Kyrstin Delagardelle Shelley Pushes For More Inclusive DSM Schools In Campaign

By Pat Rynard

August 28, 2017

The elections for school board in Iowa are fast approaching, the first big round of races that are seeing new leaders step up in the wake of the 2016 outcome. One candidate that’s drawing a lot of attention in Central Iowa is Kyrstin Delagardelle Shelley, who was recently endorsed by the Des Moines Education Association and a host of other labor unions. She’s one of three contenders on the September 12 ballot competing for two at-large Des Moines school board seats.

A teacher/librarian at Northview Middle School in Ankeny, this is Shelley’s first bid for public office. The election results from this past November encouraged her to launch a campaign to ensure that people of different backgrounds still had a say in government.

“Growing up, I learned the value of public service,” she said. “Participating in 4-H as a child and young adult, I pledged my service to club, community, country, and world … As a third-generation educator, I knew teaching was the answer to that call. Following the results of the 2016 election, I realized voices like mine were missing. As a progressive, multiracial educator, it became obvious I couldn’t just talk about the issues in our community. I needed to roll up my sleeves, jump in, and contribute more meaningfully to the conversation.”

Shelley grew up in Elwood, Iowa in a blended family, attended Grand View University and ISU before teaching at West Delaware High School in Northeast Iowa. She and her husband, Will, moved to Des Moines two years ago, settling down into the North of Grand neighborhood. Here she’s quickly become engaged in the community, serving on the Des Moines Public Schools Equity Committee and getting involved with the Iowa Women’s March and the New Leaders Council.

“Serving as a school board member is not a role I traditionally saw for myself,” she noted of her decision this year. “However, I’ve learned if we want our community to be its best self, we must work together.”

So far the campaign has been one of neighborhood meetings and forums throughout Des Moines. That’s important for Shelley, who wants to make sure that she hears from everyone in the city’s diverse community.

“One of the best parts of Des Moines is the diversity, not only racially and culturally, but also the unique flavor and culture of each neighborhood,” she explained. “Des Moines residents feel pride in their neighborhoods. I view it as my responsibility to understand every neighborhood’s values and needs. Our campaign is focused on listening to the needs of parents, community members, and students … This seat isn’t about me; it’s about the Des Moines community as a whole.”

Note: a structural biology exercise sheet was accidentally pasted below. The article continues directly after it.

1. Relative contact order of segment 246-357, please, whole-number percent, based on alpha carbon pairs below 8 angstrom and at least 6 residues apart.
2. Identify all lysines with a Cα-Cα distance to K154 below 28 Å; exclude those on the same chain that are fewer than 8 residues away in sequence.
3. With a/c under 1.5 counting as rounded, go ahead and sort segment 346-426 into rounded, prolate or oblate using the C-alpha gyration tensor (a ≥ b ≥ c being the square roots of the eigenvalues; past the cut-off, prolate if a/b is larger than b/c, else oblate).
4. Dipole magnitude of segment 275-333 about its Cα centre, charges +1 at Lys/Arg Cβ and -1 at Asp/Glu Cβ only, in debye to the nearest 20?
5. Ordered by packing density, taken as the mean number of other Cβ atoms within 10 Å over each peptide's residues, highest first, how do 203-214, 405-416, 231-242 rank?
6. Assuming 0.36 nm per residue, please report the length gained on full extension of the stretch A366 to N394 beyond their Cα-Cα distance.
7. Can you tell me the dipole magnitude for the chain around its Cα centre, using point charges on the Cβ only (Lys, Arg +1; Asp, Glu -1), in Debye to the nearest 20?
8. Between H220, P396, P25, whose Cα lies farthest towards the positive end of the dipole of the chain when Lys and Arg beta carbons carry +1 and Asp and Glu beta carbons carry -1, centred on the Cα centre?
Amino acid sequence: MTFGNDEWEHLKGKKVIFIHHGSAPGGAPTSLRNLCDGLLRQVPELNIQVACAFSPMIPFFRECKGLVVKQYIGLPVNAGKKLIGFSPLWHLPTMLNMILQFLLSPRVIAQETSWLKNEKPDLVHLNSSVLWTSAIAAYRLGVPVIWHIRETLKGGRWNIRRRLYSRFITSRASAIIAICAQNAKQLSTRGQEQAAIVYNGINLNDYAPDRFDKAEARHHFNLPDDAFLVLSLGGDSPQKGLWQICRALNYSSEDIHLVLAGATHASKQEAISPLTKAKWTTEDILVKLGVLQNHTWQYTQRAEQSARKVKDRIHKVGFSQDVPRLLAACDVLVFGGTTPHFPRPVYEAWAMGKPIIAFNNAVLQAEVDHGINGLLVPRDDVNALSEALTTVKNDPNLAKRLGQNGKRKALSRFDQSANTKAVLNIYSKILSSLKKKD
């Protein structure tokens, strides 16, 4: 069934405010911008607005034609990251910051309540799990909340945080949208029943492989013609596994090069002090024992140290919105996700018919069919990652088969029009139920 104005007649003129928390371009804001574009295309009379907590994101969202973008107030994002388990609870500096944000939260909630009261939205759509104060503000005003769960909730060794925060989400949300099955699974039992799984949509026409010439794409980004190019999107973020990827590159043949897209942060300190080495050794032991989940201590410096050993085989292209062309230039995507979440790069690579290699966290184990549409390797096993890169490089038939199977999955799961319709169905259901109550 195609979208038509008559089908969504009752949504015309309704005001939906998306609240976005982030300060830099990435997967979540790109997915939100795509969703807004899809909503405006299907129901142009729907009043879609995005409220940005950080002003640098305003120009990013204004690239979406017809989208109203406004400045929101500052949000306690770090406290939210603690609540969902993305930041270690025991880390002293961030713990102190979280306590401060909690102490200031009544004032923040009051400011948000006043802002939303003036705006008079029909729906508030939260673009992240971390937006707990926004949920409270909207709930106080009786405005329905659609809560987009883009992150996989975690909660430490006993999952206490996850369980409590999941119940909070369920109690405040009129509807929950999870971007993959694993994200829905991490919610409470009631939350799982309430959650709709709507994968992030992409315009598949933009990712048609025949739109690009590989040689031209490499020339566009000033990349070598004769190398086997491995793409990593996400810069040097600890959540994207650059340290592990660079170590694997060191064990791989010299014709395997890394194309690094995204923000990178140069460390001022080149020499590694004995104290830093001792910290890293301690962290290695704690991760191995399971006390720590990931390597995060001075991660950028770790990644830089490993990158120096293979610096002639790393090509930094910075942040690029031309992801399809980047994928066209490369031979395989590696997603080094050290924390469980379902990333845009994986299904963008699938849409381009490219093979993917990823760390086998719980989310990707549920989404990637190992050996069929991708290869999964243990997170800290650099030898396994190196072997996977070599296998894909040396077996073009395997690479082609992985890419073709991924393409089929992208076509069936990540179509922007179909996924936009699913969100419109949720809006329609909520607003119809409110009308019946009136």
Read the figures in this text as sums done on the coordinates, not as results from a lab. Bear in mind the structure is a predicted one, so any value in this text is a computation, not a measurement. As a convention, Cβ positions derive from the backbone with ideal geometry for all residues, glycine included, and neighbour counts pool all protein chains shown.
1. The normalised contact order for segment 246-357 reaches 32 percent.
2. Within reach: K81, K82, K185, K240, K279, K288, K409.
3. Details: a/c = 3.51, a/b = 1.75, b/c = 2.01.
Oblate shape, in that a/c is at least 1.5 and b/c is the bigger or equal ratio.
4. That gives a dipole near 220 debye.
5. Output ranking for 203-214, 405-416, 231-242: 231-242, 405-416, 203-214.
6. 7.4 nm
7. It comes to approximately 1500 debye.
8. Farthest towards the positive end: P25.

Shelley has gotten a boost from young professionals and progressive activists in her race, particularly from the New Leaders Council network. Her campaign has held four house parties and knocked over 2,000 doors. Local races don’t have to do finance reports until ten days out from the election, but Shelley has held a couple well-attended fundraisers and seems to have enough for a full campaign.

Though a relative newcomer to Central Iowa politics, she’s built up enough clout to garner endorsements from Senators Matt McCoy and Tony Bisignano and Representative Brian Meyer. And she’s won over backing from AFSCME, IBEW, the CWA, the Asian and Latino Coalition and Iowa women for Progressive Change.

School board races are relatively low turnout affairs, though with the at-large seats covering all of Des Moines, you still have to win over thousands of votes. 11,655 voted in the 2013 election when five candidates contested the two open spots. That year Rob Barron narrowly won the second seat by just 28 votes. He’s up for reelection this year. Connie Boesen is running for city council instead, leaving one of the seats open. Barron, Shelley and Louisa Dykstra is the field of contenders for this year.


by Pat Rynard
Posted 8/28/17

  • Pat Rynard

    Pat Rynard founded Iowa Starting Line in 2015. He is now Courier Newsroom's National Political Editor, where he oversees political reporters across the country. He still keeps a close eye on Iowa politics, his dog's name is Frank, and football season is his favorite time of year.

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